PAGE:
Stan Demeski is a legend, whether you know it or not.  He’s also a very kind and funny man with a great/subtle sense of humor and he’s one hell of a record collector.  Most importantly, he’s one of the finest drummers of our generation.  Most known for having been the driving force behind The Feelies for the last 30-plus years, he’s played in other terrific and diverse bands, such as Luna, Speed The Plough, The Trypes and The Phosphenes (who were before his stint with The Feelies and whose one E.P. I have and still love).

I had the good fortune of getting into a Q & A-styled conversation with Mr. Demeski recently and here are the fruits of our chat.  Thanks go to Howard Wuelfing and to Stan Demeski for being gracious and patient with his time and thoughts.

You’ve been with The Feelies since 1986. Over thirty years.

Actually I started playing with Glenn, Bill, Dave and Keith in 1981.

How does it feel, when you have all these other musical projects that you participate in, to come back to The Feelies after a certain amount of time apart?

It’s been great. When the band stopped playing in 1991, it was not under good circumstances. Nothing real bad, but I felt a lot of effort had been wasted. So this go round has made up for some of that.

Understandably, people change, grow and evolve so how do you maintain the joy to still play and perform together?

This band is one of my favorite groups of people to play with and it’s real drum/percussion orientated music. When I first went down to play with them, I was a percussion/music ed major in college. Many of the things we were doing in percussion ensemble at school were being done by the band in a rock music context. It was really exciting. I felt I had found ”my people”. In many ways, it’s still like that.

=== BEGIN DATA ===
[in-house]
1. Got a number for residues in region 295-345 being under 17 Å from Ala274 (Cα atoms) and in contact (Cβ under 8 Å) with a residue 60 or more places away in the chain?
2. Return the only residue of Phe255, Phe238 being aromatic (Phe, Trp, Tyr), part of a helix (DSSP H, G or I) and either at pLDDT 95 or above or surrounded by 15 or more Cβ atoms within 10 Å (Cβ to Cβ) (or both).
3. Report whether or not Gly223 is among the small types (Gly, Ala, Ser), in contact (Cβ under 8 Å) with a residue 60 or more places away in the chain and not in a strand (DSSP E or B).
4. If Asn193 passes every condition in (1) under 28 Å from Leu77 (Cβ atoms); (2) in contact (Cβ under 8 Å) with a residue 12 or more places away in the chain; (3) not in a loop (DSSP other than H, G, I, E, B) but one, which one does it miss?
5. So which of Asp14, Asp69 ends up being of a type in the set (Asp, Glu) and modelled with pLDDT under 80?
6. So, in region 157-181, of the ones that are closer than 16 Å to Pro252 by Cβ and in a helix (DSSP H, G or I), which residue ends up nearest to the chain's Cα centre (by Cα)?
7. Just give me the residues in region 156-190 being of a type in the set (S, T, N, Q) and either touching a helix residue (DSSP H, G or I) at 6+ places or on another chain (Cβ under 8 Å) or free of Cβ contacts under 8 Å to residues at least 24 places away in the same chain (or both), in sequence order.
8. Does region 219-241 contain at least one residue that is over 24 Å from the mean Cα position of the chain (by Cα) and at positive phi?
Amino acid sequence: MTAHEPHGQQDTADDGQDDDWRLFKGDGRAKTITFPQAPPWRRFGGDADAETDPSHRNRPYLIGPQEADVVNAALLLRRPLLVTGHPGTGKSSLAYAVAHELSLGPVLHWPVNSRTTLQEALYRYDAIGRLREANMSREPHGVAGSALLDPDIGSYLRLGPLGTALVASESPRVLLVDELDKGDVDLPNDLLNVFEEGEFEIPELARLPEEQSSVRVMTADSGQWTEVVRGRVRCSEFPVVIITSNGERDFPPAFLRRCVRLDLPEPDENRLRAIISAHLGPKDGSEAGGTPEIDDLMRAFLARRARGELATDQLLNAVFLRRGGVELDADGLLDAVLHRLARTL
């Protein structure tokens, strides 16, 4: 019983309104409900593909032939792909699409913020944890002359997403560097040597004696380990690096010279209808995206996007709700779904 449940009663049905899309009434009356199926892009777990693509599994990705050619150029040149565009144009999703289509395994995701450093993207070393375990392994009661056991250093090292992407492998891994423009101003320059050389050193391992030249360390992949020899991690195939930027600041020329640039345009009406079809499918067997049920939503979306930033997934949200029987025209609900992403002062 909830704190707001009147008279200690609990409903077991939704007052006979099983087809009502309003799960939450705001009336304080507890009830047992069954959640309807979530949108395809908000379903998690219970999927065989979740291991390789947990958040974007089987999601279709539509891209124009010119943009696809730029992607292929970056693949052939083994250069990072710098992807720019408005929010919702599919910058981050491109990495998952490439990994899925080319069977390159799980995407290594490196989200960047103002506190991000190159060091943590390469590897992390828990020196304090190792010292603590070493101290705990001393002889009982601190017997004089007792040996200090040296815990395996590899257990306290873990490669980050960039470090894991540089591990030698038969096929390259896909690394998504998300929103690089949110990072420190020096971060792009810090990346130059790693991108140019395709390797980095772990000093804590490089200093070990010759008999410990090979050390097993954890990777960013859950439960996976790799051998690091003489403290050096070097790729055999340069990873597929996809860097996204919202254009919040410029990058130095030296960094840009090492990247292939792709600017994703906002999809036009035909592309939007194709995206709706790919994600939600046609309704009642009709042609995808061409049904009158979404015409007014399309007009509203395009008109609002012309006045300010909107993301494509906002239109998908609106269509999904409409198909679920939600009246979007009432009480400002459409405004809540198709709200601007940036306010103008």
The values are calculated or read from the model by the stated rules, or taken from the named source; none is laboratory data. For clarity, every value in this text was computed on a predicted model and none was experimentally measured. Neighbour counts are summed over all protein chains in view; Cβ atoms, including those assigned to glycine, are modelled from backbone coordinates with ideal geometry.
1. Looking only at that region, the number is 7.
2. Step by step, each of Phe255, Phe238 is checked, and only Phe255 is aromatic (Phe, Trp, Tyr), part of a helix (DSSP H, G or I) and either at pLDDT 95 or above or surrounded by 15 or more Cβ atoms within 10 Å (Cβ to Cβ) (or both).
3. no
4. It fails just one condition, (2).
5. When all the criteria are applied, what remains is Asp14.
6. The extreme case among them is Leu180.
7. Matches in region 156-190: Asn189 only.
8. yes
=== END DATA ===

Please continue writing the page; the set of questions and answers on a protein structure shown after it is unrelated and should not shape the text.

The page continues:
Talk about some of the other bands you’ve played with over the years – The Phosphenes (who I loved)…

I grew up mostly in Lyndhurst, NJ.  3 of The Phosphenes were from Lyndhurst (including the original drummer that I replaced) and the singer was from Kearney. They sounded like Red-era King Crimson who couldn’t play their instruments quite as well and with more of a punk edge. The original drummer quit and I was called in to record the E.P.  It was the 2nd release on Coyote. The guitar player played on the 1st Swans EP around the same time and was getting some well deserved attention, but after a while he realized it was not what he wanted to do. We threw away what I thought was a pretty big opportunity and stopped playing live. But we did continue to play in the basement, jamming and recording for a few more years. It was great and we’re all still friends. The bass played is married to Steve Fallon’s youngest sister and I recently met up with Tim, the singer after many years.